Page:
• It is an absolute value.
• The basic purpose of providing tolerances is to permit dimensional variations in
the manufacture of components, adhering to the performance criterion.
Tolerances
Tolerances
Tolerances
Tolerances
Manufacturing Cost and Work Tolerance
Tolerance is a trade-off between the economical
production and the accuracy required for proper
functioning of the product.
Relationship between work tolerance and manufacturing cost
Tolerances
Classification of Tolerance
1. Unilateral tolerance
2. Bilateral tolerance
3. Compound tolerance
4. Geometric tolerance
Tolerances
Classification of Tolerance
1. Unilateral tolerance
• When the tolerance distribution is only on one side of the basic size.
Either positive or negative, but not both.
Tolerances (a) Unilateral (b) Bilateral
1. Unilateral tolerance: Below zero line: Negative
1. Unilateral tolerance: Above zero line: Positive
2. Bilateral tolerance
When the tolerance distribution lies on either side of the basic size.
• It is not necessary that Zero line will divide the tolerance zone equally on both sides.
• It may be equal or unequal
3. Compound tolerance
Classification of Tolerance
Tolerance for the dimension R is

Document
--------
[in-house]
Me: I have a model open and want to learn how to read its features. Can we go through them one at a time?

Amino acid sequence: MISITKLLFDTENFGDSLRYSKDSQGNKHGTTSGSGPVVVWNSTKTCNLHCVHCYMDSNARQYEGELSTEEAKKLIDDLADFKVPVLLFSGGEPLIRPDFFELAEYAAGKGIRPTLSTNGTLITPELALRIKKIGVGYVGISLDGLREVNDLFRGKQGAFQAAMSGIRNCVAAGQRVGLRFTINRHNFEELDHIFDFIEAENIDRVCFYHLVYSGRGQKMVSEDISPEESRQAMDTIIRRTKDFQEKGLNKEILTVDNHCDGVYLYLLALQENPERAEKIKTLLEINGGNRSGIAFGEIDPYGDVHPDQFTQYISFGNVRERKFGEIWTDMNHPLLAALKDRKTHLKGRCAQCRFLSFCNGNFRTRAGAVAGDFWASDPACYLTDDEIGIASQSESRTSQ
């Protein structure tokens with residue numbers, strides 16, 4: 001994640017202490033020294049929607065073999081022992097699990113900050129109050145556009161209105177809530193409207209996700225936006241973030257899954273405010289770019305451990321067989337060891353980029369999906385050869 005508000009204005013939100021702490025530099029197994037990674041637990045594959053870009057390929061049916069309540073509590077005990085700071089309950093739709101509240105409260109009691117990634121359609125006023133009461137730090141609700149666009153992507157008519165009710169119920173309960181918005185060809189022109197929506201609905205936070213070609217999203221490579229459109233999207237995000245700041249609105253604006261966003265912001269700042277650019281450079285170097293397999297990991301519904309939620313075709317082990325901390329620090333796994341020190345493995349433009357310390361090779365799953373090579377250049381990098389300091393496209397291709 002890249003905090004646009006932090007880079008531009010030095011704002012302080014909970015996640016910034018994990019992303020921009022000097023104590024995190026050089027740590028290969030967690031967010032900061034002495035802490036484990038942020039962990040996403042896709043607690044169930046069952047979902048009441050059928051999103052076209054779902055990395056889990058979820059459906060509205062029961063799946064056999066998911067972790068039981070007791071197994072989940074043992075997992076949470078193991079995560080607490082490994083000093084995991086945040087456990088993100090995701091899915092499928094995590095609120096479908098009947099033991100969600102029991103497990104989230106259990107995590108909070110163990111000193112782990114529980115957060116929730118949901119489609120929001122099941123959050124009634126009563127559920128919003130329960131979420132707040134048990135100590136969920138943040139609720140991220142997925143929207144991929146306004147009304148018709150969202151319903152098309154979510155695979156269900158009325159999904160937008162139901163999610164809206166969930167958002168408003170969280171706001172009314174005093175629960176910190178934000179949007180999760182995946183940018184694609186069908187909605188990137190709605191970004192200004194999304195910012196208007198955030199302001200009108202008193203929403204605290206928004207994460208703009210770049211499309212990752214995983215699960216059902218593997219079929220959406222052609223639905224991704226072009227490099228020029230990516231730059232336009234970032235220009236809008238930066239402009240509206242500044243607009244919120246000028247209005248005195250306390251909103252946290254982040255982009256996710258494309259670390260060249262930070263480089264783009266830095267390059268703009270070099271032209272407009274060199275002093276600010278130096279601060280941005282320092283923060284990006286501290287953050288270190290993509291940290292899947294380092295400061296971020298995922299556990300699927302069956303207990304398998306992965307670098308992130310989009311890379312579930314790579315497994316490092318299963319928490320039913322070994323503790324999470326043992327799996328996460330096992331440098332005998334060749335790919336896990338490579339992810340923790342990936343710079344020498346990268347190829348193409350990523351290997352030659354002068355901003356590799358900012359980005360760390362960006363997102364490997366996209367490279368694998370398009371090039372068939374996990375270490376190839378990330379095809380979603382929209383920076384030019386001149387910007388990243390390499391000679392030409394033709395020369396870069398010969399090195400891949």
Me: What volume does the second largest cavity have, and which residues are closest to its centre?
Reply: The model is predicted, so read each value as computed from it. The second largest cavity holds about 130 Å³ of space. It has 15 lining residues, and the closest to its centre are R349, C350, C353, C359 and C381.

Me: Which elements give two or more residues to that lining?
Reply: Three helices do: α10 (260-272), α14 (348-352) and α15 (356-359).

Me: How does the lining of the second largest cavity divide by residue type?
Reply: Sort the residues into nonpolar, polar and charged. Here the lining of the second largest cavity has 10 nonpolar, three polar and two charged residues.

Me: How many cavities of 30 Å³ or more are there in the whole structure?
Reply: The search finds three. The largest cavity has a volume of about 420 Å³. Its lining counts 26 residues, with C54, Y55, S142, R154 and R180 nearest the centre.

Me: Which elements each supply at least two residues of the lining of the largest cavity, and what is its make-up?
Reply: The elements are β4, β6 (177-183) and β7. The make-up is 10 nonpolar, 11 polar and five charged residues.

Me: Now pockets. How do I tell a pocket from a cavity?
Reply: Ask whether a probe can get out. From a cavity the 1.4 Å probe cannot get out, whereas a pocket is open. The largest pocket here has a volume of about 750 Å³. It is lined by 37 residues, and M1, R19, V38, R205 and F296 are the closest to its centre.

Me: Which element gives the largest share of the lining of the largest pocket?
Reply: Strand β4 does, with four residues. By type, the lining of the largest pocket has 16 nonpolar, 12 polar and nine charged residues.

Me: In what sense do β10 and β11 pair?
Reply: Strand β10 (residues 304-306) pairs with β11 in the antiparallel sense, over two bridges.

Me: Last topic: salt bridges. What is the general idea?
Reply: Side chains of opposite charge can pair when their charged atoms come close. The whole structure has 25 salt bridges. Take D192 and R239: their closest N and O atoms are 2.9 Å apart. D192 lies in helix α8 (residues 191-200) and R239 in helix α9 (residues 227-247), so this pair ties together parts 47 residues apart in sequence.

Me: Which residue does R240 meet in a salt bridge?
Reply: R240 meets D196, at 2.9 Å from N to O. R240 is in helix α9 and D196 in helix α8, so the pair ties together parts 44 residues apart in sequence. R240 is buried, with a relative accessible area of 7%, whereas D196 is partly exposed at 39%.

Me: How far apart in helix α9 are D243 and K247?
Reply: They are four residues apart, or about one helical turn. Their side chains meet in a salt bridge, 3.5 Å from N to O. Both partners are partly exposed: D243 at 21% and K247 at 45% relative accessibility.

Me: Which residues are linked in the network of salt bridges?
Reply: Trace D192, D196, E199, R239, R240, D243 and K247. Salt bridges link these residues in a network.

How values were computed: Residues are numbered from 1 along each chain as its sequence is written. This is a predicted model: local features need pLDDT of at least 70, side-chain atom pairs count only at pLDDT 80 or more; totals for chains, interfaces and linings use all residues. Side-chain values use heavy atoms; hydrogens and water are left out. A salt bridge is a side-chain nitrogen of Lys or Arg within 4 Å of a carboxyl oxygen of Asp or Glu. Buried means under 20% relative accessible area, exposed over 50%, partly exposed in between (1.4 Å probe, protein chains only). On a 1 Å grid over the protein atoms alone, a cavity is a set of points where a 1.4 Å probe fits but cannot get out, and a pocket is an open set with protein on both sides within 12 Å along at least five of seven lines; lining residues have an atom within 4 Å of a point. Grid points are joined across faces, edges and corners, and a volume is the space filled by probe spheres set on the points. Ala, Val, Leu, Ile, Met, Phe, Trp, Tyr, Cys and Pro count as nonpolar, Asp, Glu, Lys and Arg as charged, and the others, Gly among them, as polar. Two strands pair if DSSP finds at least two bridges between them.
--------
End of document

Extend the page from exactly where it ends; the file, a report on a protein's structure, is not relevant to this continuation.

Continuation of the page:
determined by the combined effects of
tolerance on 40 mm dimension, on 60o, and
on 20 mm dimension
4. Geometric tolerance
Geometric dimensioning and tolerancing (GD&T) is a method of defining parts
based on how they function, using standard symbols.
Classification of Tolerance
4. Geometric tolerance
Classification of Tolerance
• Diameters of the cylinders need be concentric with each other.
• For proper fit between the two cylinders, both the centres to be in line.
• This information is represented in the feature control frame.
• Feature control frame comprises three boxes.
4. Geometric tolerance
Classification of Tolerance
• First box: On the left indicates the feature to be controlled, represented
symbolically (example: concentricity).
• Centre box: indicates distance between the two cylinders, centres cannot be
apart by more than 0.01 mm (Tolerance).
• Third box: Indicates that the datum is with X.
Symbolic representation of geometric tolerances
Symbolic representation of geometric tolerances
Symbolic representation of geometric tolerances
Interchangeability
• Manufacturing a large number of parts, it is not economical to produce both the
mating parts by the same operator.
• Parts to be manufactured within min. possible time without compromising on quality.
• To manufacture identical parts; mass production was the idea.
• The components are manufactured in one or more batches by different persons on
different machines at different locations and are assembled at oneplace.
• Manufacture of parts under such conditions is called interchangeablemanufacture.
Interchangeability
Interchangeability: Any one component selected at random should assemble
with any other arbitrarily chosen mating component.
Condition
Identical components, manufactured by different operators, using different
machine tools and under different environmental conditions, can be assembled
and replaced without any further modification during the assembly, without
affecting the functioning of the component when assembled.
Selective Assembly
• In selective assembly the parts produced are classified into groups according to